You can interpret Shiro Nakamura's nickname, "Fingers," any number of ways. The Nissan design chief is a famously hands-on creative. A music lover, he plays the cello. He grasps at myriad inspirations, leading a team outside Tokyo that has recently produced concept cars inspired by shoes, video games, and bumblebees. But the timeliest explanation is that, with the zero-emissions Leaf -- which goes on sale later this year and is the first global mass-market electric car -- he has tried to put his finger on the consumer pulse and make a car that will sell. "We did not want to make something very strange for just the niche buyer," Nakamura, 59, said last year.

Read the rest of the article here.

15
APR
The La Canada Valley Sun published an article featuring student Francis Pollara and his Emmy award win.
La Canada Valley Sun
Prodigal son takes home two awards

Francis Pollara doesn’t brandish his Emmy walking down the hallways of his school, the Art Center College of Design in Pasadena. He covers it in his jacket, tucked into the crook of his arm, like a football. “This feels so conceited,” Pollara said as he began unwrapping it.

The 21-year-old La Cañada High alum won a College Television Emmy Award for a commercial he produced with three other students at the school. The commercial, titled “Trigger Happy,” is about friends playing freeze tag with cameras at school. It was filmed entirely at the art center with Pollara’s friends and colleagues playing the parts.

Pollara and the film’s three other producers — Saman Keshavarz, Y-C Tom Lee and Romson Niega — received their awards at a ceremony Saturday night.

“Francis is great,” said Ross Lamanna, the chair of the film department at the art center. “He’s an exemplar of the school. He became sort of a de facto leader in his group. Guys who want to produce are always really popular.”

Read the rest of the article here.

10
APR
The Pasadena Star-News interviewed President Lorne Buchman and Board Chairman Robert Davidson for an article about Art Center’s 80th anniversary.
Pasadena Star-News
Everything old new again as Art Center College celebrates its 80th anniversary

With 80 years of innovation and an international reputation under its belt, Art Center College of Design is celebrating the milestone with new leadership signalling a return to its roots in commercial art and design.

President Lorne M. Buchman, who will be inaugurated April 22, and Robert C. Davidson Jr., the first African-American chairman of the college's board of trustees, agree: There will be a renewed focus on students, faculty, curriculum and scholarships, and on building diversity at every level as the college looks toward the next 80 years.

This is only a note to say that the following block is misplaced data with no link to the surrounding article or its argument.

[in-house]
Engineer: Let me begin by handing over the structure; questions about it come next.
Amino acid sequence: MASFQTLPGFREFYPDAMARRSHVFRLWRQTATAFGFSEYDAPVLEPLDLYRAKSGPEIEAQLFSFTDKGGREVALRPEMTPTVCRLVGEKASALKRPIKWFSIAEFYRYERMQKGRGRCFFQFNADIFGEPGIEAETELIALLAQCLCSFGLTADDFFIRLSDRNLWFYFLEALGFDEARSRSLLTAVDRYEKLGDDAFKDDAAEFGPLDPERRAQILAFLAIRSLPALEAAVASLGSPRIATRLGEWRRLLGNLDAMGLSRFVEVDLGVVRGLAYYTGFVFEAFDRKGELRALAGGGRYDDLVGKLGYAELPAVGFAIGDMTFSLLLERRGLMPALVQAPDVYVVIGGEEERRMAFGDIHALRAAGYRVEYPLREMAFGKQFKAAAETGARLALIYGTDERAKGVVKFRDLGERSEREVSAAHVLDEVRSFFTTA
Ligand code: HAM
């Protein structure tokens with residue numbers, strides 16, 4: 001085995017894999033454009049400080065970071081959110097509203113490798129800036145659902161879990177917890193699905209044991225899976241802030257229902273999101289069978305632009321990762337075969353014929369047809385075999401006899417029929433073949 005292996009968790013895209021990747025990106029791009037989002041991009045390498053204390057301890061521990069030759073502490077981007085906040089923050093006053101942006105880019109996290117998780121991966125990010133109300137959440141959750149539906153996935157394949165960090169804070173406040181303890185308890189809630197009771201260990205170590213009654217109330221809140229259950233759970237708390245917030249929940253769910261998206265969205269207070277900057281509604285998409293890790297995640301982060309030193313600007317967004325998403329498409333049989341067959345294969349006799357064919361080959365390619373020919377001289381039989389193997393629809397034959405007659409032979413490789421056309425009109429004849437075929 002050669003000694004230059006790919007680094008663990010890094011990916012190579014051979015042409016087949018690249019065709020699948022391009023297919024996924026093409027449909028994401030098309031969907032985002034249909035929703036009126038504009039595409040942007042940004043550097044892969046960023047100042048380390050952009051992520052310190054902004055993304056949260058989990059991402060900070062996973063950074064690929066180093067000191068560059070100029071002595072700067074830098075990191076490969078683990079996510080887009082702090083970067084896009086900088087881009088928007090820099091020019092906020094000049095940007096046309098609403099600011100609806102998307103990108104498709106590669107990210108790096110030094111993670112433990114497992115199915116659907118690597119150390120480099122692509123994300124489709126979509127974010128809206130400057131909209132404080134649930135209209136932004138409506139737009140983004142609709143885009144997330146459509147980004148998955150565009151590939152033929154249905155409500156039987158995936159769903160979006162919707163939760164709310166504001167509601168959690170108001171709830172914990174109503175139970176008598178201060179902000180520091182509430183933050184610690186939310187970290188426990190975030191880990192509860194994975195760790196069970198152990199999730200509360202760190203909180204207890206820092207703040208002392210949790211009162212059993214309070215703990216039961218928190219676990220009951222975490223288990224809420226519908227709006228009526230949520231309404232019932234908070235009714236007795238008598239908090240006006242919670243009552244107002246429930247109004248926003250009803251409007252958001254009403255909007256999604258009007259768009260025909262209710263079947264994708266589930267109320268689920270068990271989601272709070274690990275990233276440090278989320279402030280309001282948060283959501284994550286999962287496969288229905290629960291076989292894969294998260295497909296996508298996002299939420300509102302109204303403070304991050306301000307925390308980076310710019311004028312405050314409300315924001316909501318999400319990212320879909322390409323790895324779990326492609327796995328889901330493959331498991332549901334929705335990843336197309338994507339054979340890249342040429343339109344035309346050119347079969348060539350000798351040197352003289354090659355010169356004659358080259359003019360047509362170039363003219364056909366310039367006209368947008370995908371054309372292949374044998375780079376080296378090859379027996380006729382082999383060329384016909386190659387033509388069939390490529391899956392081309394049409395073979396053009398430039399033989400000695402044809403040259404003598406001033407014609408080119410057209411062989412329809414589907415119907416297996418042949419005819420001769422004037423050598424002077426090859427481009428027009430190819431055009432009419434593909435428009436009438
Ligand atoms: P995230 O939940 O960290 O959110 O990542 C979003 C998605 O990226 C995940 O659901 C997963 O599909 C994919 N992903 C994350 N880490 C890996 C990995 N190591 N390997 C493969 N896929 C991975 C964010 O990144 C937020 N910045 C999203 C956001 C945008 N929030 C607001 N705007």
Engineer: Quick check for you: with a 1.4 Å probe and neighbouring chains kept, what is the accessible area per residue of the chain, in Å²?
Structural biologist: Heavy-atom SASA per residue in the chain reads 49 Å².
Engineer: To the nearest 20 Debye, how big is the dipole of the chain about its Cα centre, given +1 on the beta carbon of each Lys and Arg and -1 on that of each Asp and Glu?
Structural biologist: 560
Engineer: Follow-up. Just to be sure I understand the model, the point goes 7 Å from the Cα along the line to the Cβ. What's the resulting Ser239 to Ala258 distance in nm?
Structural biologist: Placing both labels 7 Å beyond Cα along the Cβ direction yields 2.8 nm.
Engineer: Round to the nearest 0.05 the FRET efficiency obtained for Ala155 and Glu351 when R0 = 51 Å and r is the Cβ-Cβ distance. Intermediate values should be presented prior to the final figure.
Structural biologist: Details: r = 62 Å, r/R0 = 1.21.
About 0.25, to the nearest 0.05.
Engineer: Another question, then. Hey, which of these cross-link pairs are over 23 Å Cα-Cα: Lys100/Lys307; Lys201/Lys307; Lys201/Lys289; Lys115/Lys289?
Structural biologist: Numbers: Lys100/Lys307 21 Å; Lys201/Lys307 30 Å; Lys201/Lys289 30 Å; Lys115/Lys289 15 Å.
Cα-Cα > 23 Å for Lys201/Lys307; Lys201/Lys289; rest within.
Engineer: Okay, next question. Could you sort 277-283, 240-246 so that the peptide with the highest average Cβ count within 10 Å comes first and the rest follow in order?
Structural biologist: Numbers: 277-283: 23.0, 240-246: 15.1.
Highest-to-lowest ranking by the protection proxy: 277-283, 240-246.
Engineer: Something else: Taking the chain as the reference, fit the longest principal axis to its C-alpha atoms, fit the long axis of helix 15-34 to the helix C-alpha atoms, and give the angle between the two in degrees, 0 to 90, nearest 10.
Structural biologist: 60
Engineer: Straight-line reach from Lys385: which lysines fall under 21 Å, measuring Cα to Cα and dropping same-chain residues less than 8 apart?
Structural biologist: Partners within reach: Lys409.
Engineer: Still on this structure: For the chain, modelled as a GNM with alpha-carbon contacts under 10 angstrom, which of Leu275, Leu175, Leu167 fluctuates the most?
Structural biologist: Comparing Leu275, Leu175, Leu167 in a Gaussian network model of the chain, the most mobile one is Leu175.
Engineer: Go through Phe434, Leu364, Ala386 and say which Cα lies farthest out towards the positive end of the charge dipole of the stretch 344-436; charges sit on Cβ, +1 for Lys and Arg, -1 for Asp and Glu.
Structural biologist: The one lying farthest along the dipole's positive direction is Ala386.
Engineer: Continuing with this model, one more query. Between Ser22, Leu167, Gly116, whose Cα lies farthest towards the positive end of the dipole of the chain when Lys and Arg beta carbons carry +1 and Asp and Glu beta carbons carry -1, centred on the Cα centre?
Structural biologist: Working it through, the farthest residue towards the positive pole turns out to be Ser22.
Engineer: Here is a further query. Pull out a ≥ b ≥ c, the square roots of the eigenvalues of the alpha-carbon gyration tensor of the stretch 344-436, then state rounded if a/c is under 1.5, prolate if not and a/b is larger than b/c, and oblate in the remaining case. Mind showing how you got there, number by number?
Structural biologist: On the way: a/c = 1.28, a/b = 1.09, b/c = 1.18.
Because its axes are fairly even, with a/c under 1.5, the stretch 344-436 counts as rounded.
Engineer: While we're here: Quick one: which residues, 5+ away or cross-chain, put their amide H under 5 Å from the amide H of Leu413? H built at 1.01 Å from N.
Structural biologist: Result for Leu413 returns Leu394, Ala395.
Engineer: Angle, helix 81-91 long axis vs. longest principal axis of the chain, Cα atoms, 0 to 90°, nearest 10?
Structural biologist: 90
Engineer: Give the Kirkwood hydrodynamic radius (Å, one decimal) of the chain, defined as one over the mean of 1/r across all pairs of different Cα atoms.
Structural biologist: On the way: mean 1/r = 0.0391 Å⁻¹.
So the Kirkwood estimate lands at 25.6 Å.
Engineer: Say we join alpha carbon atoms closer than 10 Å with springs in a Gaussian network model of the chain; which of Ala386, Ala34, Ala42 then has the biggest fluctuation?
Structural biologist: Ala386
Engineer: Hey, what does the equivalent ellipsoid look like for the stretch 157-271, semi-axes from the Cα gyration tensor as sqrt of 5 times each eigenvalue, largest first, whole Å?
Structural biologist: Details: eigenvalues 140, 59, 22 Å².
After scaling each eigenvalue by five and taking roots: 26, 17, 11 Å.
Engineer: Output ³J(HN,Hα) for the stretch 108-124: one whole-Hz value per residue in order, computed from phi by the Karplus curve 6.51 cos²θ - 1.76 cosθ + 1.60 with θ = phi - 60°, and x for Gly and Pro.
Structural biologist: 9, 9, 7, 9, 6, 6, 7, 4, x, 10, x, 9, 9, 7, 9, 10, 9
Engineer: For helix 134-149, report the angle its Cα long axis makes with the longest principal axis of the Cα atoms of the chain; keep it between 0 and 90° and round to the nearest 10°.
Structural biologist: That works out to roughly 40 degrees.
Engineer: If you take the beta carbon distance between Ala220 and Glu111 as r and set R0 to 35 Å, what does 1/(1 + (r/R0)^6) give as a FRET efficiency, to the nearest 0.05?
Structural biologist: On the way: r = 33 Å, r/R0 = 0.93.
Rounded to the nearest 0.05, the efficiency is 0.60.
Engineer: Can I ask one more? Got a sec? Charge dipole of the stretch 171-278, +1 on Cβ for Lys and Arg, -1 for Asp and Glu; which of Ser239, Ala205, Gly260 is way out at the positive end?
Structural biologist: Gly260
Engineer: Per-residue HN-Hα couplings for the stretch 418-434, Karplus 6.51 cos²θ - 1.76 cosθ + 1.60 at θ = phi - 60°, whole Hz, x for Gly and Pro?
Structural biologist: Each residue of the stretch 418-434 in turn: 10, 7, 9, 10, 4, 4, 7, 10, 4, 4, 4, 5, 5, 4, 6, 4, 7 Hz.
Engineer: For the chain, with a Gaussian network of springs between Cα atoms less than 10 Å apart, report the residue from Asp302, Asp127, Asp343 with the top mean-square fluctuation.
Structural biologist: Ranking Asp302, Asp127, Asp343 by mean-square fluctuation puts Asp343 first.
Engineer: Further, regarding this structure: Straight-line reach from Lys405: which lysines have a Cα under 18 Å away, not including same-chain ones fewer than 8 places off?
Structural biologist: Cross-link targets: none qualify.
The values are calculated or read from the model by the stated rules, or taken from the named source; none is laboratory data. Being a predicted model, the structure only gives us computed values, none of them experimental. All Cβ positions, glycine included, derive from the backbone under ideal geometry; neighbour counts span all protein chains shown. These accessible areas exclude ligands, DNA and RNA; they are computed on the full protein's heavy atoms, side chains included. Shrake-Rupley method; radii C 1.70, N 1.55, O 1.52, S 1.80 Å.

"We're looking more to the future than the past," Davidson said.

The goal is to emphasize Art Center's strengths and "unapologetic commitment" to commercial art and design, and provide graduates with a "substantive and real education" with real-world applications, Buchman said.

"That is absolutely Art Center's strength," he said. "The issue is to continue to create Art Center as the leading professional art and design school, with a rigorous redesign of what (that) means in a changing world."

Read the full article here.

25
FEB
The Los Angeles Times reported on Robert C. Davidson Jr.'s appointment as Chairman of the Board of Trustees.
Los Angeles Times
Art Center College of Design names its first African American board chairman

 Art Center College of Design announced Thursday that Robert C. Davidson Jr. has been elected chairman of its board of trustees -- the first African American to take that top leadership role at the Pasadena institution.

Davidson, 64, succeeds John Puerner, the former Los Angeles Times publisher who had chaired the board since 2007 and is now leaving it after having served three three-year terms, the maximum under current bylaws.

Davidson, a board member since 2004, chaired the search committee that last year recruited the school's new president, Lorne M. Buchman, from San Francisco, where his career in academic administration had included a five-year tenure during the 1990s as president of California College of Arts and Crafts (now known as California College of the Arts).